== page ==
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Development of Novel CAR Therapies for Diffuse Large B-Cell Lymphoma Using Genome-Wide Overexpression Screens [Meeting Abstract]

Legut, M; Gajic, Z; Guarino, M; Mimitou, E; Hao, S; Rahman, J; Davoli, T; Smibert, P; Diefenbach, C S; Sanjana, N
Despite recent therapeutic advances in the management of non-Hodgkin lymphoma (NHL), up to 50% of patients with diffuse large B-cell lymphoma (DLBCL) relapse after first line therapy, and for DLBCL patients who relapse within 12 months after subsequent stem cell transplant (SCT), the median overall survival (OS) is 6.3 months. Recently, chimeric antigen receptor (CAR) T-cell therapy has shown remarkable activity in relapsed DLBCL with complete response (CR) rate of 40% and 54% for the two of the FDA-approved CAR T-cell products, tisagenlecleucel and axicabtagene ciloleucel, respectively. However, at a median follow-up of 18 months, only 36% of patients treated with tisagenlecleucel remained in CR; with longer follow-up for axicabtagene ciloleucel the median progression free survival (PFS) was 5.9 months. Immune escape and immune evasion are primary mechanisms of CAR-T resistance; clearly improvements are needed to increase response rate and cure. While CRISPR-based loss-of-function screens have shown promise for high-throughput identification of genes that modulate T-cell response, these methods have been limited thus far to negative regulators of T-cell functions, and raise safety concerns due to the permanent nature of genome modification. Here we identify positive T-cell regulators via overexpression of ~12,000 barcoded human open reading frames (ORFs). Using this genome-scale ORF screen, we found modulator genes which increased primary human CD4+ and CD8+ T-cell proliferation, including activation markers like CD25 and CD40L, and secretion of key cytokines like interleukin-2 and interferon-gamma. In addition, we developed a single-cell genomics method (OverCITE-seq) for high-throughput quantification of the transcriptome and surface proteome in ORF-engineered T-cells. The top-ranked ORF, lymphotoxin beta receptor (LTBR), is typically expressed in a subset of myeloid cells but absent in lymphocytes. When expressed in T-cells, LTBR induces a profound transcriptional remodelling, resulting in increased resistance to exhaustion and activation-induced apoptosis, as well as upregulation of a plethora of proinflammatory cytokines, co-stimulatory molecules and antigen presentation machinery. In order to investigate the mechanism of action of LTBR, we developed an epistasis assay which allows for simultaneous gene knockout and LTBR overexpression in primary T cells. Thus, LTBR appears to induce both canonical and non-canonical NFkB pathways - but the phenotype observed in T cells is dependent only on the former. Finally, we co-expressed several top-ranked genes, including LTBR, with FDA approved CD19-targeting CARs utilizing either 4-1BB or CD28 co-stimulatory domains. In line with previous results, co-expression of top-ranked ORFs increased proinflammatory cytokine secretion and cytotoxicity against CD19+ positive cancer cell lines. This functional improvement was also observed when top-ranked ORFs and CARs were delivered to T cells isolated from DLBCL patients as shown in Figure 1. Our results provide several strategies for improving next generation CAR T-cell therapies via induction of new synthetic cell programs which may optimize immune activation and enhance the efficacy of these important therapies, a high priority for patients with relapsed and refractory DLBCL and other lymphomas. [Formula presented] Disclosures: Mimitou: Immunai: Current Employment. Smibert: Immunai: Current Employment. Diefenbach: Bristol-Myers Squibb: Consultancy, Honoraria, Research Funding; IMab: Research Funding; Gilead: Current equity holder in publicly-traded company; Celgene: Research Funding; AbbVie: Research Funding; Janssen: Consultancy, Honoraria, Research Funding; Merck Sharp & Dohme: Consultancy, Honoraria, Research Funding; IGM Biosciences: Research Funding; Morphosys: Consultancy, Honoraria, Research Funding; MEI: Consultancy, Research Funding; Perlmutter Cancer Center at NYU Langone Health: Current Employment; Incyte: Research Funding; Trillium: Research Funding; Seattle Genetics: Consultancy, Honoraria, Research Funding; Genentech, Inc./ F. Hoffmann-La Roche Ltd: Consultancy, Honoraria, Research Funding. Sanjana: Qiagen: Consultancy; Vertex: Consultancy.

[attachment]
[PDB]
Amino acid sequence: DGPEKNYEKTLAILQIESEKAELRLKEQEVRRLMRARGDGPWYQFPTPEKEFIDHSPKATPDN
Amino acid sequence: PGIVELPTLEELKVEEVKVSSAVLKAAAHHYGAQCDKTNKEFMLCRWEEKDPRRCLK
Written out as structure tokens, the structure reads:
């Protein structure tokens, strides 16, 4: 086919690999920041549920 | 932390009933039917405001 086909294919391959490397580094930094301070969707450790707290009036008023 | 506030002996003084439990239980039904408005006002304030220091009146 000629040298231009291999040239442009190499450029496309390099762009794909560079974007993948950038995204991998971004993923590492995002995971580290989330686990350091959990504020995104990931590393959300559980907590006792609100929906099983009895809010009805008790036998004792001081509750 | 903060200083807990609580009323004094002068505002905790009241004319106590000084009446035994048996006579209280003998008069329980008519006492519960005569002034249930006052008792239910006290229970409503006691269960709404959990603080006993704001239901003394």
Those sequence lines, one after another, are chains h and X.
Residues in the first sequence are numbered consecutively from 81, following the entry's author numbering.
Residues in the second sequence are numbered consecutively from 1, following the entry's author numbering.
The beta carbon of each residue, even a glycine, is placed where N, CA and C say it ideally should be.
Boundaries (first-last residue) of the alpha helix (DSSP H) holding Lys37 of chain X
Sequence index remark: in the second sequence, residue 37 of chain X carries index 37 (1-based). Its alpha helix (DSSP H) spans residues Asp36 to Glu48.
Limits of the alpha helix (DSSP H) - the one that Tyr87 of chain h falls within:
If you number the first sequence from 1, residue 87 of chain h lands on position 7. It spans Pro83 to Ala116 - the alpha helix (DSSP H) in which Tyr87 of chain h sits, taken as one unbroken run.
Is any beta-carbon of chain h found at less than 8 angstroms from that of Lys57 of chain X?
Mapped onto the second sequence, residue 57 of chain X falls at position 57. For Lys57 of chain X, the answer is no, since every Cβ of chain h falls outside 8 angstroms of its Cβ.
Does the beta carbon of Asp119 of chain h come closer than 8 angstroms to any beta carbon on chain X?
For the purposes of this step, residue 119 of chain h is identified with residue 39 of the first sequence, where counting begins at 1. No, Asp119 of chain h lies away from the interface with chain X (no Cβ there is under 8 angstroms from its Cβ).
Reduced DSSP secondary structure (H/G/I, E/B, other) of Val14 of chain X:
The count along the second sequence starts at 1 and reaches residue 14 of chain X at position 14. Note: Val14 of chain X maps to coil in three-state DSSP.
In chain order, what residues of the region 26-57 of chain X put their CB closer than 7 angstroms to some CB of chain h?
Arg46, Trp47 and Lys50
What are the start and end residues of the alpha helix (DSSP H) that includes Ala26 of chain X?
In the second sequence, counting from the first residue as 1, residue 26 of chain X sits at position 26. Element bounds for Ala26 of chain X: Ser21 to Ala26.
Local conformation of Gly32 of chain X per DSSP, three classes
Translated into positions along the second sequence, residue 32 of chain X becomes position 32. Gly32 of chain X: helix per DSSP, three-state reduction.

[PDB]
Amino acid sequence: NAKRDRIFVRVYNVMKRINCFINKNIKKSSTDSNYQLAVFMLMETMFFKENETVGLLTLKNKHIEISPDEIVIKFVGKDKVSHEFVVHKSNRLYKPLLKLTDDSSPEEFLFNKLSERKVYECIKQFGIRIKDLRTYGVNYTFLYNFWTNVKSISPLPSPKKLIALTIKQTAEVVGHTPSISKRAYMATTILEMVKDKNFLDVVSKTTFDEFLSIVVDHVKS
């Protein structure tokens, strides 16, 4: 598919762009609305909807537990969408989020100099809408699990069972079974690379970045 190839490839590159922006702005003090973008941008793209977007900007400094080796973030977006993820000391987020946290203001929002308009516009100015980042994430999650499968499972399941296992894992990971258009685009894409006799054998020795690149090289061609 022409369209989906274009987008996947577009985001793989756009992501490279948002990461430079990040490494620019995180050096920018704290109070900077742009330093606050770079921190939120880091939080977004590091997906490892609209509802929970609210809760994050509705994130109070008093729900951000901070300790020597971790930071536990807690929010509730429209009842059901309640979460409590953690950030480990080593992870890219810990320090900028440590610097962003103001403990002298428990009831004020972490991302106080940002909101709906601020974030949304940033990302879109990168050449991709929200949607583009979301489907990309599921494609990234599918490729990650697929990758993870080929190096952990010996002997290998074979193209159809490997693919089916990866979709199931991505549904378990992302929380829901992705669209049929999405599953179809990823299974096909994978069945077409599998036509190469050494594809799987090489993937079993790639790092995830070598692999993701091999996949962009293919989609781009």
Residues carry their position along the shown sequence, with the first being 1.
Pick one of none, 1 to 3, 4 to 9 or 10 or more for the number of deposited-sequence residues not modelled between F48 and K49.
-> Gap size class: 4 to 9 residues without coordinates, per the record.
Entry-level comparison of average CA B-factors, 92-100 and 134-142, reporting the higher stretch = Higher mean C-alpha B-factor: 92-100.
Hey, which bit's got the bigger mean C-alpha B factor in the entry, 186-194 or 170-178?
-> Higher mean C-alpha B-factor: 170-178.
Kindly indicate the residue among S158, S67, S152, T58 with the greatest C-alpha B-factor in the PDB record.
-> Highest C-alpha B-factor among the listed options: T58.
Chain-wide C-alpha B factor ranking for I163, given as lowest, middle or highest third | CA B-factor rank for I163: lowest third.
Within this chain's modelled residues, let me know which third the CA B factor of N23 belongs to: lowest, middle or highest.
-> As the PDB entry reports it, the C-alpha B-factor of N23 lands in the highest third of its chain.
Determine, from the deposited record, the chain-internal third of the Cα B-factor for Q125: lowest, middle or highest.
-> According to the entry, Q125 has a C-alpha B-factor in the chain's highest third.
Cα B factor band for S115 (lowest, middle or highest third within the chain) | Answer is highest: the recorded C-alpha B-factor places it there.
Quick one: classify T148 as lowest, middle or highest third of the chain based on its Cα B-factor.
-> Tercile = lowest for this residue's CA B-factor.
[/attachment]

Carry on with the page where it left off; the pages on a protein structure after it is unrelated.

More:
ISSN: 0006-4971
CID: 5098712

A Phase 1 Dose Escalation Study of Igm-2323, a Novel Anti-CD20 x Anti-CD3 IgM T Cell Engager (TCE) in Patients with Advanced B-Cell Malignancies [Meeting Abstract]

Budde, E; Gopal, A K; Kim, W S; Flinn, I W; Cheah, C Y Y; Nastoupil, L; Matasar, M J; Diefenbach, C S; Gregory, G P; Qazi, I; Pang, C -F; Leabman, M; Hernandez, G; Sison, I; Keyt, B A; Chen, D; Armand, P
Introduction: IGM-2323 is the first engineered high-affinity, high-avidity bispecific IgM monoclonal antibody TCE to be tested in the clinic. It has 10 binding domains for CD20 and a single binding domain for CD3 and is designed to bind irreversibly to CD20-high and low-expressing cells with more physiologic stimulation to T cells, which may mitigate cytokine release syndrome (CRS)-related toxicity and broaden the therapeutic window. IGM-2323 may act by multiple mechanisms: T-cell dependent cytotoxicity, complement dependent cytotoxicity, and enhanced immune modulation via IFNgamma-dominant cytokine stimulation. This phase 1 study is exploring the safety and activity of IGM-2323 using a dose titration schedule intended to optimize repeatable immune stimulation while minimizing toxicity.
Method(s): This first-in-human Phase 1 study is a global, multicenter, open-label, dose escalation evaluating safety, tolerability, PK, and preliminary efficacy (NCT04082936). Adults with relapsed or refractory CD20 + B-cell NHL with >= 2 prior systemic therapies, adequate organ function, and ECOG 0-1 are eligible. IGM-2323 is given IV on Days 1, 8, and 15 of 21-day cycles until disease progression or unacceptable toxicity. Treatment can continue beyond progression if the patient (pt) has benefitted from treatment and intra-patient dose escalation is allowed. This study also utilizes a dose titration scheme where a starting dose is given on Day 1, then higher subsequent doses...